- David Schoenfield, SweetSpot blogger
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I didn't search for long before finding this season: Rick Wilkins in 1993. A third-year catcher in '93, Wilkins had hit well enough after a promotion from the minors in '92 to win the job for '93. Even the most optimistic of Cubs fans couldn't have expected his season: .303/.376/.561, with 30 home runs in 446 at-bats. The next season, he hit .227 with seven homers; then he fell to .203 with seven homers and the Cubs shipped him out of town. Here's what's interesting: Even though Wilkins was hitting .191, the Cubs acquired Luis Gonzalez in that deal. The same Gonzalez who would eventually find his way to Arizona, where he would hit 57 home runs in 2001.
OK, back to Wilkins, Baseball-Reference WAR rates his '93 season as the best in Cubs history by a catcher. You know, a funny thing happened from 1992 to 1993. Yes, there were two expansion teams. But that alone doesn't explain the jump in offense: Run scoring went from 4.12 per game to 4.60, with the major league batting average increasing from .256 to .265 and the slugging percentage from .377 to .403. Lively ball? Everybody started using steroids at once? Wilkins was part of the offensive explosion.
There's Jack Armstrong, who started the All-Star Game in 1990 in his first full season in the majors but wasn't even in the Reds' playoff rotation by the end of the season, but I'm going with Pete Schourek. The Reds won the NL Central title in 1995 and Schourek was a big reason why, going 18-7 with a 3.22 ERA and finishing second in the Cy Young vote to a guy named Maddux. Two years earlier, Schourek had gone 5-12 with a 5.96 ERA for the Mets. Schourek's season wasn't a complete fluke, as he had a 160/45 strikeout/walk ratio and a .271 average on balls in play that, while low, wasn't ridiculous or anything. He was a good pitcher, at least for that one season. He was never really completely healthy after that (three elbow surgeries) and pitched through 2001, but usually ineffectively.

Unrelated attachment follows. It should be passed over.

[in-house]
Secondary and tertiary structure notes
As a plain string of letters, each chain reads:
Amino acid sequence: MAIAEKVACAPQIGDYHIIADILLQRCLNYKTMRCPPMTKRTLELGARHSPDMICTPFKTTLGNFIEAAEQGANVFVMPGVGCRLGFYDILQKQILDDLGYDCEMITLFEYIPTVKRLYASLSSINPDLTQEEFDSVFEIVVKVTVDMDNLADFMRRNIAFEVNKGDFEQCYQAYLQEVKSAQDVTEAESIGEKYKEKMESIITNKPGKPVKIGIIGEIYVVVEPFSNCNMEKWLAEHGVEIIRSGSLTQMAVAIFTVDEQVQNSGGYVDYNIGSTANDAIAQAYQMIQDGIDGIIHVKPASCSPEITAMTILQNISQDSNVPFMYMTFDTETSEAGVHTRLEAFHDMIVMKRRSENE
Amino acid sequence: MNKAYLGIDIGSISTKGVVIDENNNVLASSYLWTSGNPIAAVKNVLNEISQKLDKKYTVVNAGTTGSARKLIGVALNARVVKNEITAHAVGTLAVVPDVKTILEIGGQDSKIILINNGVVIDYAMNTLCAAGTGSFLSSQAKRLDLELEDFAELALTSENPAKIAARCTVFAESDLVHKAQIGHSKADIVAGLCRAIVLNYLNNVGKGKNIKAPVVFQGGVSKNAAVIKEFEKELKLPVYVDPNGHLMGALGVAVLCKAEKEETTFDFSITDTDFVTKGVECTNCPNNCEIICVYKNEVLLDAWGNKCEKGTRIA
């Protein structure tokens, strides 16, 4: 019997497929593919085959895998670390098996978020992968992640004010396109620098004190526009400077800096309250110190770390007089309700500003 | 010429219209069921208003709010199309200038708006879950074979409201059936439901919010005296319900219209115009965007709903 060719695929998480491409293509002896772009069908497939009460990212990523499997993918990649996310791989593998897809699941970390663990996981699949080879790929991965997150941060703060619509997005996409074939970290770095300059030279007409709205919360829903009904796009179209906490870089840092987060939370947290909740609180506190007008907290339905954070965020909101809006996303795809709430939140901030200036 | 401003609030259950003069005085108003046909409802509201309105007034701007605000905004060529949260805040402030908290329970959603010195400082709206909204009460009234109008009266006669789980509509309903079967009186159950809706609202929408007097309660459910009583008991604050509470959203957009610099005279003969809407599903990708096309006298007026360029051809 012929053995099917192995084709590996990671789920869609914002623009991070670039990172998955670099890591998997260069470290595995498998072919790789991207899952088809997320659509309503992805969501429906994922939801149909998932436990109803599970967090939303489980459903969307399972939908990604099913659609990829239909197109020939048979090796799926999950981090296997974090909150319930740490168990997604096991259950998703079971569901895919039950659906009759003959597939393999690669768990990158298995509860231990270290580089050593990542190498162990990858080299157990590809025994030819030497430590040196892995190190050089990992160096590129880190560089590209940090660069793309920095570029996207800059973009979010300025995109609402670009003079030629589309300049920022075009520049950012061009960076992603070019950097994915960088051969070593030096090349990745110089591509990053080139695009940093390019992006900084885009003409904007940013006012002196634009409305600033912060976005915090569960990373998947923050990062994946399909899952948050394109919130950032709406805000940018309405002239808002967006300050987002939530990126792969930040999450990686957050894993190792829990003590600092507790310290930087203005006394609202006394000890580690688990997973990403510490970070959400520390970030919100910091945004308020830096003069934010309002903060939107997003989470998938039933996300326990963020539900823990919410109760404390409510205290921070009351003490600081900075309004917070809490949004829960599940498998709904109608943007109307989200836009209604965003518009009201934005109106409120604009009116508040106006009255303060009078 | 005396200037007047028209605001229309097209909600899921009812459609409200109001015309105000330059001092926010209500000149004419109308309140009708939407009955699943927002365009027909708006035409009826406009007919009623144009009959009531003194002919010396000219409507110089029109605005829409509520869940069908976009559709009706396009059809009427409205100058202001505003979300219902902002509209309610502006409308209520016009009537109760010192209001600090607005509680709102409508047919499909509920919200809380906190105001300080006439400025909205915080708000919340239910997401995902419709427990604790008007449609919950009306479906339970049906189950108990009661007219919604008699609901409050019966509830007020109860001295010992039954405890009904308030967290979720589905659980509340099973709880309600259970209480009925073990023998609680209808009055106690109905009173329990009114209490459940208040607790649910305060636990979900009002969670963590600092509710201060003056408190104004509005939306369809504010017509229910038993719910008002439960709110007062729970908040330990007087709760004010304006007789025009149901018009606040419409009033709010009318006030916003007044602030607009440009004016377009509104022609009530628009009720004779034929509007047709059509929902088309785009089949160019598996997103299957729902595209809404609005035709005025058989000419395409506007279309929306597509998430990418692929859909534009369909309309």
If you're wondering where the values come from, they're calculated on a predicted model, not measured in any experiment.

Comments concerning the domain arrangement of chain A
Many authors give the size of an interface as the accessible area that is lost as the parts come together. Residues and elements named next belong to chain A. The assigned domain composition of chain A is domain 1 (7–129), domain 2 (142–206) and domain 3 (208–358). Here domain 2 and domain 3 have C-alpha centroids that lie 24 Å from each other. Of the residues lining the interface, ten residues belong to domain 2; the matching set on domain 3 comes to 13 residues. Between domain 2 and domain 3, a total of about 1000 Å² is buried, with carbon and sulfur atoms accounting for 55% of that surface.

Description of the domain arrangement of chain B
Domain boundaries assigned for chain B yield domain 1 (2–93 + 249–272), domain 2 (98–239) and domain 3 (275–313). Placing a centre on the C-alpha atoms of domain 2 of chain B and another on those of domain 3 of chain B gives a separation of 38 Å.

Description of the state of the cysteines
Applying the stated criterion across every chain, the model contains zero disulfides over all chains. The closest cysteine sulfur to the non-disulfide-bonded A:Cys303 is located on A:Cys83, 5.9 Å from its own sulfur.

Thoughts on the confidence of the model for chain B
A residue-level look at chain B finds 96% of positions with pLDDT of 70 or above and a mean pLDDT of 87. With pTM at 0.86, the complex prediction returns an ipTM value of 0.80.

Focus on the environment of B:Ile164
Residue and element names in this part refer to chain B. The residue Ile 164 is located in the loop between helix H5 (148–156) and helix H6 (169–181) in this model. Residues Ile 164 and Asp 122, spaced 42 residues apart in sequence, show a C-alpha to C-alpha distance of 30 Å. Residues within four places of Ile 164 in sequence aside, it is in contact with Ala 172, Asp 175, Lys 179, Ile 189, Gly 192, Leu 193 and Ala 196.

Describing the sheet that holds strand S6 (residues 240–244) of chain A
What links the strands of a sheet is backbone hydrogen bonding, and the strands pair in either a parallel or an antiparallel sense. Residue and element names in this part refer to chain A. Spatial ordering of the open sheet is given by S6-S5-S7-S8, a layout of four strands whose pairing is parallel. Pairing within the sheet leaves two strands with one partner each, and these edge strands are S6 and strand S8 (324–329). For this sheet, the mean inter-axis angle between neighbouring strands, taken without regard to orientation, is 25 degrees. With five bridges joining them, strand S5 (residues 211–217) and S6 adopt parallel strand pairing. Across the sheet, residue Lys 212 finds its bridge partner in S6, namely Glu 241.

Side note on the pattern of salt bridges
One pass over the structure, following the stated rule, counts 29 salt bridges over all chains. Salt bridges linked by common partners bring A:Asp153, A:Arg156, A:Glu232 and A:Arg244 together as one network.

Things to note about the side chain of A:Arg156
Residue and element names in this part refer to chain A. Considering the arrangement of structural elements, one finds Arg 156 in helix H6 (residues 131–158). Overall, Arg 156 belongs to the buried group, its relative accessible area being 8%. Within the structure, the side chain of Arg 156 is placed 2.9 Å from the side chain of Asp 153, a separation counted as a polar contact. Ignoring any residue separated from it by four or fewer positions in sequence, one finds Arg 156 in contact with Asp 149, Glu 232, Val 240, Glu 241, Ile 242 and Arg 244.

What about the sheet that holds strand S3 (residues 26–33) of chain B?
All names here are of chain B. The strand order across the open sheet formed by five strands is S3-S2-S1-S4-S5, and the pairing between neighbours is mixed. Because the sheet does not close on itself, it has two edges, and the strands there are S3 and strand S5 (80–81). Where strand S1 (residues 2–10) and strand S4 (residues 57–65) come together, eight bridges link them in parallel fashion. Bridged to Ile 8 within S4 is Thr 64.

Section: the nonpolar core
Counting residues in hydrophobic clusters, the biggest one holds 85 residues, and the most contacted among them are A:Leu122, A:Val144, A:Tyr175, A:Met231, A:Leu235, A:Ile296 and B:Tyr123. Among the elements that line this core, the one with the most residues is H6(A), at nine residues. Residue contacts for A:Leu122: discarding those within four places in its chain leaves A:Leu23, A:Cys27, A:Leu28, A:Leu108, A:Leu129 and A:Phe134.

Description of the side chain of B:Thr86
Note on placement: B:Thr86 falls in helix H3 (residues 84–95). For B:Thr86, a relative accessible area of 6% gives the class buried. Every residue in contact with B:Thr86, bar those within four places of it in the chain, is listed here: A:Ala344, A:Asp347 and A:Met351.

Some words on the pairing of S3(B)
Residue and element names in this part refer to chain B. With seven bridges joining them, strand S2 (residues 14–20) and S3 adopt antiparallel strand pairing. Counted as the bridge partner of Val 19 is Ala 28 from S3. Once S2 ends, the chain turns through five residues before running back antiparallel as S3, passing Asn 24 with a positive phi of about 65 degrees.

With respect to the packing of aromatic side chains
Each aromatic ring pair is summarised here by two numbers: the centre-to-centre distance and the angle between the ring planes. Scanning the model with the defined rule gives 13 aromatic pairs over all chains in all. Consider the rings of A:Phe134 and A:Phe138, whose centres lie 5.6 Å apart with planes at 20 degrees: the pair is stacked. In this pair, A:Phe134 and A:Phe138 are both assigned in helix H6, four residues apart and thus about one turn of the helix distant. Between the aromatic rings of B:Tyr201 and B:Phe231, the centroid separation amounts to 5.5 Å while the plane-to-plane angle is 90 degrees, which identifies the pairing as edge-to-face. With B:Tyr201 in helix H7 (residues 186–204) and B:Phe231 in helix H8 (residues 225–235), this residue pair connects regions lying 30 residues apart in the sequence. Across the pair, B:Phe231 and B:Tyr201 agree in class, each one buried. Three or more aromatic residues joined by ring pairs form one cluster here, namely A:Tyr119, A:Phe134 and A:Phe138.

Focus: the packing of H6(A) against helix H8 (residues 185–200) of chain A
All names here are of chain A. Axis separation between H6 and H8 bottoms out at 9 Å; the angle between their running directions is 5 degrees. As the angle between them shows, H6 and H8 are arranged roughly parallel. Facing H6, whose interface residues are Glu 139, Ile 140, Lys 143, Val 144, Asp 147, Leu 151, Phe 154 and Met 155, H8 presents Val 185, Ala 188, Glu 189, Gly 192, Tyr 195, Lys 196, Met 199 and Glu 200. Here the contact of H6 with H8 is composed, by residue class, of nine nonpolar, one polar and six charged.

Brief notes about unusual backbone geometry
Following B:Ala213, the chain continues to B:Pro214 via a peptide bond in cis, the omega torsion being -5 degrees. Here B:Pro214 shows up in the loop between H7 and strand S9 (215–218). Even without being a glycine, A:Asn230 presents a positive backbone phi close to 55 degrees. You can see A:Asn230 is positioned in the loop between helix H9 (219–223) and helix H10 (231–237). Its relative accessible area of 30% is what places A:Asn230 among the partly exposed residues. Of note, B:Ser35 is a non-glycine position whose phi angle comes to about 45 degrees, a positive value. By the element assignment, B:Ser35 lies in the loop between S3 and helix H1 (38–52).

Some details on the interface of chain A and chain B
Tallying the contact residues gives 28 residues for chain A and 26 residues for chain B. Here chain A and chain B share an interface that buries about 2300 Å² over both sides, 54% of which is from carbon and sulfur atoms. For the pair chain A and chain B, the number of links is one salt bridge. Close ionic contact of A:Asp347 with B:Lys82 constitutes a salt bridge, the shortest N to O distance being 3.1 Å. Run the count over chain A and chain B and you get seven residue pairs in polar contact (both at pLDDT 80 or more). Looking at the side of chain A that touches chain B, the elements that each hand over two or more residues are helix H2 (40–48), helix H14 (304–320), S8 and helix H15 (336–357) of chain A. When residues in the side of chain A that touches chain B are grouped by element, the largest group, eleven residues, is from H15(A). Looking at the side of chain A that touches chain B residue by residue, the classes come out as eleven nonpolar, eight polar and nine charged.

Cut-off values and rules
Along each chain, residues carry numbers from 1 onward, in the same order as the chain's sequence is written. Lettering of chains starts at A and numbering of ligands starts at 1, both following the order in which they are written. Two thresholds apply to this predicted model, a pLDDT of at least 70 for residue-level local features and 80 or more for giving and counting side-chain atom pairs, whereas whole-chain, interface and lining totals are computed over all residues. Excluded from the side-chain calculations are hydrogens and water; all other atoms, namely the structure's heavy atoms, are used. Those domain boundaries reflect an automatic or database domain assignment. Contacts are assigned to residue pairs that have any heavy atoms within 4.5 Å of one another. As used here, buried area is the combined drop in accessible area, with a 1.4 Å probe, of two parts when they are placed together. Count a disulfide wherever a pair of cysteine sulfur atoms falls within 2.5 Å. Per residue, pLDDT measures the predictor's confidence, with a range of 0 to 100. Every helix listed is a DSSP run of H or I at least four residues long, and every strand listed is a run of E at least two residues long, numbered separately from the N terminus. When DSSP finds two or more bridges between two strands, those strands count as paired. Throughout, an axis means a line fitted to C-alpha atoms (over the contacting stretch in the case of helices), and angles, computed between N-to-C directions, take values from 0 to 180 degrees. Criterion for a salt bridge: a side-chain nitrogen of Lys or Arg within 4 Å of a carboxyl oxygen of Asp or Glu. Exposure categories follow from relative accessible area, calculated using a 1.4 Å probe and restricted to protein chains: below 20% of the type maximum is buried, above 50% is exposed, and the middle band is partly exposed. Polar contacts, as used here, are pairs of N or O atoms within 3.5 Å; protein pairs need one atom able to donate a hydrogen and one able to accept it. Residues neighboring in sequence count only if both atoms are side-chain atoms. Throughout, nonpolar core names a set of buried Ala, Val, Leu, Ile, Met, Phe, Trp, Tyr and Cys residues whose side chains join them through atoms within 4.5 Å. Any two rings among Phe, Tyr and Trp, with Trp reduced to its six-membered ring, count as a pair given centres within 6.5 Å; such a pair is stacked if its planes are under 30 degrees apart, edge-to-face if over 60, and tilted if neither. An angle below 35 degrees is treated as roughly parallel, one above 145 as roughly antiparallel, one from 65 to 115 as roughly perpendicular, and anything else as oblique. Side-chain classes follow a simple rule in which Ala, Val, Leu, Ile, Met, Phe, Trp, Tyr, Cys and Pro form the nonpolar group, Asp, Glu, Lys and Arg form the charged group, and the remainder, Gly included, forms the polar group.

Bill Hall is still floating around the majors (barely), essentially because he had a great season back in 2006. As Milwaukee's shortstop that year he hit .270 with 35 home runs -- the only shortstops in the past 50 years to hit more home runs in a season are Alex Rodriguez, Rico Petrocelli and Rich Aurilia. It proved to be a fluke season as Hall combined for 29 home runs the next two seasons and drifted into journeyman status, going from Milwaukee to Seattle to Boston to Houston to San Francisco and to Baltimore in 2012 (for seven games).
Here are Oliver Perez's ERAs from 2002 through 2010: 3.50, 5.47, 2.98, 5.85, 6.55, 3.56, 4.22, 6.82, 6.82. One of those is most unlike the others. While Perez had a couple decent seasons with the Mets, his 2004 season with the Pirates stands out like that patch of white on Rasheed Wallace's hair. He went 12-10 with that 2.98 ERA, striking out 239 batters in 196 innings. It was his age-22 season, and the Pirates believed they had a staff ace in the making. Instead, Perez was never able to harness his control in Pittsburgh. He re-emerged in the Mariners' bullpen last year, and since he's still just 31 might have a long career as a lefty reliever.
St. Louis Cardinals
How about Fernando Tatis? In 1999, Tatis hit .298 with 34 home runs, 107 RBIs, 104 runs, and .404 OBP. Not a bad season for a 24-year-old third baseman. That April, he accomplished one of the most amazing feats in major league history, hitting two grand slams in one inning (both off Chan Ho Park). He battled various ailments, spent 2004 and 2005 out of the majors, and while he returned for a couple decent seasons as a utility guy with the Mets in 2009 and 2010, that 1999 season remains his big shining moment.